Lokkhi Terra album launch

JD caught up with Kishon Khan bandleader and composer from Lokkhi Terra whose debut album ‘No Visa Required’ featured as our album of the month to talk about the influences of Brazil and Latin America on his music – a fusion of Asian, Latin, Brazil and world rhythms.

Khan himself an acclaimed pianist with the Soothsayers, Arun Ghosh Sextet, and Gilles Peterson’s Havana Cultura band, who has collaborated with the likes of legendary Indian percussionist Pandit Dinesh, and cult Nigerian saxophonist Bukky Leo. And last year won the South Asian International Film Festival award in New York, for his soundtrack in the film The Last Thakur (Artificial Eye, Channel 4).

What are the connections between Asia and Brazil that inspired you?
In Asia there’s a lot to be learned from Brazil and Latin America. Typically each culture had very little knowledge of each other’s music but there’s a vast cultural connection and certainly more commonalities.

Specifically with Brazil there are superficial links like Carnival do Ganges in the north of Brazil and the way both non-professional and professional musicians play percussion together at these carnival celebrations.

Rhythmically there’s a connection with the swing of the Dhol drum and the Samba rhythm. The power and tradition of song in the house and in the family is also an interesting similarity, there’s a very rich history of song in both cultures.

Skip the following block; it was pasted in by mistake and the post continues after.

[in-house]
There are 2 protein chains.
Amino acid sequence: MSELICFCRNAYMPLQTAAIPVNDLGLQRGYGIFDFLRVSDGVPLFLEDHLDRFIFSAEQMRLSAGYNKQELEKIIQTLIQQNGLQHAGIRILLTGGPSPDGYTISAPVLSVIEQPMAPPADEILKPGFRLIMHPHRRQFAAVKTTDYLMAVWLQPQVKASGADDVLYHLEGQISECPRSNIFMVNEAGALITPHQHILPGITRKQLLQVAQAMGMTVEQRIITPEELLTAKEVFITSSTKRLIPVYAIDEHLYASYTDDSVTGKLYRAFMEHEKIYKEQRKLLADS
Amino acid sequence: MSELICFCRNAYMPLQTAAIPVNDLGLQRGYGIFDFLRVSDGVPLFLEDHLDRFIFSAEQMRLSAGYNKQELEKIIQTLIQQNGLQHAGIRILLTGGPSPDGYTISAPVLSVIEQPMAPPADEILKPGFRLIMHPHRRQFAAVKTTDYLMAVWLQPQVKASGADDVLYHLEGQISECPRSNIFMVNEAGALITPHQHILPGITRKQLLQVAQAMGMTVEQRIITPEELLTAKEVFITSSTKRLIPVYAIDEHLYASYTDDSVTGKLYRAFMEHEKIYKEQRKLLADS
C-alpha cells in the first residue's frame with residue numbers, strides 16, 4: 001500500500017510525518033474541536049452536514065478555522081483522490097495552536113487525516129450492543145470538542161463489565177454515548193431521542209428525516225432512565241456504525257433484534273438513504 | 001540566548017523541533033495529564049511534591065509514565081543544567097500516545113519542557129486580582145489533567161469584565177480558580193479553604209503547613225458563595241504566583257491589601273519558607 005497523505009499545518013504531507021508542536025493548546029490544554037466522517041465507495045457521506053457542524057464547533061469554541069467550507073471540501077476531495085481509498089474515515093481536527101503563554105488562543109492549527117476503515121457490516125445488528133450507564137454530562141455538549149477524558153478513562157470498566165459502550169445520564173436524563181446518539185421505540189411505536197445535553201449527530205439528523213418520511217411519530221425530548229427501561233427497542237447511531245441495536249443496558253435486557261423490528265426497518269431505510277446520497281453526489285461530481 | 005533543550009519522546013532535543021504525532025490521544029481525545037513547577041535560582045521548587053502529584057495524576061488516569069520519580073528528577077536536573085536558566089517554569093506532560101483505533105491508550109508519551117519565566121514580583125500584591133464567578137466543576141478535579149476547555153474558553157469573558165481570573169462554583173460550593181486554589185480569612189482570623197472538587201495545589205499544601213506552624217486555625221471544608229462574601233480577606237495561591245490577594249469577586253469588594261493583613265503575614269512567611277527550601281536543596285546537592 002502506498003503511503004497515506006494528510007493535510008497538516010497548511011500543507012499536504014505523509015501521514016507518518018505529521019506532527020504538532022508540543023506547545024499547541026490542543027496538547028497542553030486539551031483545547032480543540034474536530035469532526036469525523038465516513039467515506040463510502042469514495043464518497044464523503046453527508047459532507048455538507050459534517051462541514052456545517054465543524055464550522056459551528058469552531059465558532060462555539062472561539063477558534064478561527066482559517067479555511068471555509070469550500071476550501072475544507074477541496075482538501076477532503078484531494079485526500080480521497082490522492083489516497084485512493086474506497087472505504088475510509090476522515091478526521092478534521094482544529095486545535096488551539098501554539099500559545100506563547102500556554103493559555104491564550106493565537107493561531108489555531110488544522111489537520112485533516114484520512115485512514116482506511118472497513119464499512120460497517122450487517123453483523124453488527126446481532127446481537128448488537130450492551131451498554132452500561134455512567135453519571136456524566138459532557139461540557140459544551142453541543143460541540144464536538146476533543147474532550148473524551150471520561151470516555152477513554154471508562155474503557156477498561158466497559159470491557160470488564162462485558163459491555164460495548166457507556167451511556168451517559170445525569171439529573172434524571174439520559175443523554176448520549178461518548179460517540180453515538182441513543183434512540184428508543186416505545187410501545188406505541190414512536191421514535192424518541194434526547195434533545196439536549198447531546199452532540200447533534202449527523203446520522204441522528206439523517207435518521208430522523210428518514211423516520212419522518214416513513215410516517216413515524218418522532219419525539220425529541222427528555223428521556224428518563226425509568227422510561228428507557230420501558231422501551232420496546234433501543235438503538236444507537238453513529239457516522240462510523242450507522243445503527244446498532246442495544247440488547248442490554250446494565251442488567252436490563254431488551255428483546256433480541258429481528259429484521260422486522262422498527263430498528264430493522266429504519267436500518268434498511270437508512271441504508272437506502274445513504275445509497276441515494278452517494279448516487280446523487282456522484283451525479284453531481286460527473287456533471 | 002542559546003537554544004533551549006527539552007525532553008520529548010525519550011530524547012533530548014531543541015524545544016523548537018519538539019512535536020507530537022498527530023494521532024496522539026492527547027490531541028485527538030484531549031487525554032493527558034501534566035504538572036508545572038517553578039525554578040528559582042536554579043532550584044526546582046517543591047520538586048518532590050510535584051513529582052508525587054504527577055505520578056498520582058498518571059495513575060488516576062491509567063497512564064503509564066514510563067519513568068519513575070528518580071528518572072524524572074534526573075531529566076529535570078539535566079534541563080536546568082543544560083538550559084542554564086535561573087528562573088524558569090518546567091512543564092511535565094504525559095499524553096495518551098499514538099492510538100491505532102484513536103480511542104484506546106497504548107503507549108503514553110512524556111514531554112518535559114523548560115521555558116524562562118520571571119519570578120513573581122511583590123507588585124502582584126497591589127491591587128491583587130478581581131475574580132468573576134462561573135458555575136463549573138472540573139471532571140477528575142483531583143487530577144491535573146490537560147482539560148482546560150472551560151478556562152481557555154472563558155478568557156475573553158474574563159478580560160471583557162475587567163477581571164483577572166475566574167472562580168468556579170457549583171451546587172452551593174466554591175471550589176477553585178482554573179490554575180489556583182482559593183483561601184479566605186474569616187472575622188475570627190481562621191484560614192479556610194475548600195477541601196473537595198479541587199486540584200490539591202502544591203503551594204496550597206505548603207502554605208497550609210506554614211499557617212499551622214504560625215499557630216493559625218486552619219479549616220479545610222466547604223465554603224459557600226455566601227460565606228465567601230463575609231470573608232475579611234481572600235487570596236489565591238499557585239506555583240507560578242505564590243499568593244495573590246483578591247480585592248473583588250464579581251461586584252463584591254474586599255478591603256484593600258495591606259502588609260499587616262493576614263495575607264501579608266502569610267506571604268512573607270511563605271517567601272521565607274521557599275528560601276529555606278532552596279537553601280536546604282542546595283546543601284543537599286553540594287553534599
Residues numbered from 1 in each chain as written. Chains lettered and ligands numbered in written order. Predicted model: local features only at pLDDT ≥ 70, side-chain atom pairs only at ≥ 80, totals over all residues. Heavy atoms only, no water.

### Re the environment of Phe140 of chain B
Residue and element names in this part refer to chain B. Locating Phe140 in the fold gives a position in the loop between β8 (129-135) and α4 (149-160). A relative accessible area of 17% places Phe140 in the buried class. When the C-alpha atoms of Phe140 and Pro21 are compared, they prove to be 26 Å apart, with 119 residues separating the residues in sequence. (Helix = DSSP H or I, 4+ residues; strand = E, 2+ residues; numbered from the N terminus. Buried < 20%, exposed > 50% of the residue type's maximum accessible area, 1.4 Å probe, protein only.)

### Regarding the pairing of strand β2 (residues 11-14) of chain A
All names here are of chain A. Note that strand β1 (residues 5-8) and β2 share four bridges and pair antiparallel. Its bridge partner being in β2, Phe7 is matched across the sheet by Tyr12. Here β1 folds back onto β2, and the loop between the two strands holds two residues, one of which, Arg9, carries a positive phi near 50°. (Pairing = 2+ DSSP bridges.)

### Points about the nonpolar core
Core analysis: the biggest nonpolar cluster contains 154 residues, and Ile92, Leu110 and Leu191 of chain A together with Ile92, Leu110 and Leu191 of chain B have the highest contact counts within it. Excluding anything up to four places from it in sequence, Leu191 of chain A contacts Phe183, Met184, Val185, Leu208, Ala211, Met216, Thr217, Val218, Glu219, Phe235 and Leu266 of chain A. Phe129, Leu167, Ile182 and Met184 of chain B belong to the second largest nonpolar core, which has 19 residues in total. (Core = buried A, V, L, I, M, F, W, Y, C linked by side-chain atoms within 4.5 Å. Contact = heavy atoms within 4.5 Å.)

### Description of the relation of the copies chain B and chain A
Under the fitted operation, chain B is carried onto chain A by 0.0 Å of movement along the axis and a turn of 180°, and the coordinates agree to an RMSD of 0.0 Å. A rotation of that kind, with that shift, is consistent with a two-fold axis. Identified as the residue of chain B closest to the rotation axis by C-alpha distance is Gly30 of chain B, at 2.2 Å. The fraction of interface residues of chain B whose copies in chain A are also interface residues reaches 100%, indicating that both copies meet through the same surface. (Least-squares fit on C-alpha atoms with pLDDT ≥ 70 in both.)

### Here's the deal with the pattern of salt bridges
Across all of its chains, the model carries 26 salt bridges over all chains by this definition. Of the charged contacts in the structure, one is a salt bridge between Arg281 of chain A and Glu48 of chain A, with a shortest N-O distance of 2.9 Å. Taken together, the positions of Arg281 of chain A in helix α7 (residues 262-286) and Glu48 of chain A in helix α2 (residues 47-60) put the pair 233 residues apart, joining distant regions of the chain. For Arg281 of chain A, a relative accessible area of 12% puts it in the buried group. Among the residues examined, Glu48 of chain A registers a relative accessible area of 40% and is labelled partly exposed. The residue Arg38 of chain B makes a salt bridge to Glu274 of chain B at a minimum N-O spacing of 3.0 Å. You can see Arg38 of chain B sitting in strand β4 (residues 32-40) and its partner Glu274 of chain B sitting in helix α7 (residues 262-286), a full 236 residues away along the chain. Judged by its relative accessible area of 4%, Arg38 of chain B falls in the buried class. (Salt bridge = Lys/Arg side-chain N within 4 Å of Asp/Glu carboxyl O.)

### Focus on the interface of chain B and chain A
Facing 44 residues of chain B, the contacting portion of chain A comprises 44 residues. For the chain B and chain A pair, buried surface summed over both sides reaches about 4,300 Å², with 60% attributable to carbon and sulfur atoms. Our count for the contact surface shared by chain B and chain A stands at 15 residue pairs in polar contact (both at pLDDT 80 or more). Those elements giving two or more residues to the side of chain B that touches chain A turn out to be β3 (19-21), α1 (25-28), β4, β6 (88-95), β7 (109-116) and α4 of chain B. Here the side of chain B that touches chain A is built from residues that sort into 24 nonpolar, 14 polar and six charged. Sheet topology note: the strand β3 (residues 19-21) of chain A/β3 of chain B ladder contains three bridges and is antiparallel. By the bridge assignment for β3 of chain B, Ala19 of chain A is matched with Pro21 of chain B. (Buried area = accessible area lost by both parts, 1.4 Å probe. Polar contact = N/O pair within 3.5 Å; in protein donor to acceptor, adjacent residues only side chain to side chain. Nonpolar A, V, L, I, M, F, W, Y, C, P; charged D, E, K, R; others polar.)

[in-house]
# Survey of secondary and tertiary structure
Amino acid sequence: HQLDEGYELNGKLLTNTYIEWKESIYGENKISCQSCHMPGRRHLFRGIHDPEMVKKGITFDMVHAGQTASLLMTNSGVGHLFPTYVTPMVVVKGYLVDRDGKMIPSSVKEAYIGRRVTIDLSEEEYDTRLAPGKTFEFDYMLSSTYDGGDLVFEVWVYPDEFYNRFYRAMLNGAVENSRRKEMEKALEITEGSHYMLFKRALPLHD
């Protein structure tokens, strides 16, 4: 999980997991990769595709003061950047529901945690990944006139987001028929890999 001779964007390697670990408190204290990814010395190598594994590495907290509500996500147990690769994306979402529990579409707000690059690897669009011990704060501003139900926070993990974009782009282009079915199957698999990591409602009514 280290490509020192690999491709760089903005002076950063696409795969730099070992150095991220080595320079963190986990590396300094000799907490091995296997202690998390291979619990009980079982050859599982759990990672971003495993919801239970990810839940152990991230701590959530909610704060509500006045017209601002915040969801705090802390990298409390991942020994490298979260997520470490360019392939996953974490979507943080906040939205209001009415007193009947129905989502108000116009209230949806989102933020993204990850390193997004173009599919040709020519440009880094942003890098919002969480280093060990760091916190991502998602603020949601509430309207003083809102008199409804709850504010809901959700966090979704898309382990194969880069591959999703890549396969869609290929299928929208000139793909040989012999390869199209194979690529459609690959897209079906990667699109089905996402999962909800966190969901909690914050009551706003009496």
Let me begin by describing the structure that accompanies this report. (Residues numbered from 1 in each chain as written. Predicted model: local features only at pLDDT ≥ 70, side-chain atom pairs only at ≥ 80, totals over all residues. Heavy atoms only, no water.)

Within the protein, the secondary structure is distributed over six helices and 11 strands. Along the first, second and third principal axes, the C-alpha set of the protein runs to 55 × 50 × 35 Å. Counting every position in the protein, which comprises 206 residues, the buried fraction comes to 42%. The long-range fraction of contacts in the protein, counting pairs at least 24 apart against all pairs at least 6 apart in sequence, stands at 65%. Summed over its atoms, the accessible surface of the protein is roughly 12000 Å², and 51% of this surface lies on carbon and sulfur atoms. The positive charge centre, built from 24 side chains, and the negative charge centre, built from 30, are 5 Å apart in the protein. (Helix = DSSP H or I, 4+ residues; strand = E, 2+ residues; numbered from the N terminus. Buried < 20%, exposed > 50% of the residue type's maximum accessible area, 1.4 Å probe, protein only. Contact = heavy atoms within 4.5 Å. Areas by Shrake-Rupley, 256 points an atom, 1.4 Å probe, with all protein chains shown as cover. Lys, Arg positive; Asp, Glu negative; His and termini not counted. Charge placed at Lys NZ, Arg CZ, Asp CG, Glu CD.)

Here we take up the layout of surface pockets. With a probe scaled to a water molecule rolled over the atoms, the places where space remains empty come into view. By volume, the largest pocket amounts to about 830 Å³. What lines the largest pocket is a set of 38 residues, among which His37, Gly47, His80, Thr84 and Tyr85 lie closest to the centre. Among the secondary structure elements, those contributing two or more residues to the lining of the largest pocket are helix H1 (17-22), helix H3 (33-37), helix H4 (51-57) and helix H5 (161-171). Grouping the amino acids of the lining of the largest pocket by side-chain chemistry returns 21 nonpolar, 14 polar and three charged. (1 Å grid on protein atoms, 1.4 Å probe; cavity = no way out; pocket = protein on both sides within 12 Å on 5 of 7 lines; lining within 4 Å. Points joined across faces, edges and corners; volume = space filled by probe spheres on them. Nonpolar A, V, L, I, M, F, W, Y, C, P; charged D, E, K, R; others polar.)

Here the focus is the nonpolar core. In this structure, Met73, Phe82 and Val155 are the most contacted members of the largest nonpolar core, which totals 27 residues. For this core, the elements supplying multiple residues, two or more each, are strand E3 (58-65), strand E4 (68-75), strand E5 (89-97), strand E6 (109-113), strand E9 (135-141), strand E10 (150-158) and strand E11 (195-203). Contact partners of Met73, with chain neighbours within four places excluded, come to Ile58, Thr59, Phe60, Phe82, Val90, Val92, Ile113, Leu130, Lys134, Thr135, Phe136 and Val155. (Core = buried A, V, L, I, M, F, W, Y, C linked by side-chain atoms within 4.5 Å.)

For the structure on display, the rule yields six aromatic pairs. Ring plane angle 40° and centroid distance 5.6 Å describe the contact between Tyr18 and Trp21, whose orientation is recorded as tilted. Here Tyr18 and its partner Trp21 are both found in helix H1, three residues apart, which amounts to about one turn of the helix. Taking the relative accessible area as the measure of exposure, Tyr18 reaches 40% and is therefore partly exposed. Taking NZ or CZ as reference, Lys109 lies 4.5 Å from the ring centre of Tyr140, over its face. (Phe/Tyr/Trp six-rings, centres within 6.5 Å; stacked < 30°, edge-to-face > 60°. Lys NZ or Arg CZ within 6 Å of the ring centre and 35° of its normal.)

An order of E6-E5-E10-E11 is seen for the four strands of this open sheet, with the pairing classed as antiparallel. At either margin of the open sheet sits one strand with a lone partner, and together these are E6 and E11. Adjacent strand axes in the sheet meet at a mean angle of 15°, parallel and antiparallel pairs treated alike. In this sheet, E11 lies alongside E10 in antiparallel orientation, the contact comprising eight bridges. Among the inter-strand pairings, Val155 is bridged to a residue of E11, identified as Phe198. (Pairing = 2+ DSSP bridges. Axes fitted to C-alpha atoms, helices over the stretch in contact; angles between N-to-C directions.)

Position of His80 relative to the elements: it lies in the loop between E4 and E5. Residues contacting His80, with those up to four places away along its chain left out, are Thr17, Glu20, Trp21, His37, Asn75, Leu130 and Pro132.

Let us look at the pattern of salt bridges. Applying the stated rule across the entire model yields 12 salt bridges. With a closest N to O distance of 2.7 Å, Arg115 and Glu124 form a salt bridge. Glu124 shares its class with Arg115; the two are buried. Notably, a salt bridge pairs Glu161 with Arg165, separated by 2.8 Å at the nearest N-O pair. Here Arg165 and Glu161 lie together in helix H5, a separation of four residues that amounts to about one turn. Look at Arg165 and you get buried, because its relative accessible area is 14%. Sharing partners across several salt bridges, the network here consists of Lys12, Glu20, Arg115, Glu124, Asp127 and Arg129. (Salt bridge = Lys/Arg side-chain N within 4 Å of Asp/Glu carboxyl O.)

How did the concept of the album come about?
The genesis of the album was this very idea of exploring all these commonalities and traditions but not staying still. Lokkhi Terra is a reflection of all these things. It’s a musical conversation between communities that live together anyway.

The main dialogue on this album is between Cuba and Bangladesh (Kishon’s motherland). When I was in Cuba in the mornings I was woken up by kids who were banging on the windows with sticks that I realised was the hypnotic sound of the Cuban Rumba which is everywhere in Cuba

At an Asian Mela (Festival) the approach is closer to a spiritual vibe where there’s a physical reaction to music and at Cuban festivals like in San Lazador in Havana there’s the same kind of atmosphere and with people travelling from miles to get there. These kind of celebrations are both a vehicle towards a spiritual state of mind.

You describe the band’s sound as a London sound. Can you elaborate?
The process of cultural mixing that actually already happened to a degree in Brazil is actually going on in London now. There’s a certain openness to different musical ideas in Brazil that’s similar to that in the underground scene in London.

It’s a special time musically because in London we have the advantage of getting a lot from the communities who still maintain a strong connection to their roots.

Tell us about the artists that you have worked with on this album?
One of my main collaborators on the album was bassist and cult producer Kassin Alexander (well known thorugh his collaborations with Moreno Veloso and Domenico Lancelloti and producer of Vanessa Da Mata). Also guesting was close friend Stephane San Juan, celebrated for playing drums with Orquestra Imperial and Amadou and Mariam. And one of the young stars of the UK jazz scene and Finn Peters, infact like Finn many of the guest musicians are bandleaders in their own right.

The current live band features musicians as diverse Oreste Noda (percussionist from Ska Cubano), guitarist Phil Dawson who has played with a lot of heavyweight African musicians including Hugh Masekela and on the Africa Express project. And also former Brand New Heavies drummer Tansay alongside a host of up and coming Bengali and Cuban singers and musicians.


Check out Lokkhi Terra’s album launch at the Rich Mix on Thursday 27th May.
Rich Mix
35 – 47 Bethnal Green Road, London, E1 6LA
8pm, £8 adv-£11 on door

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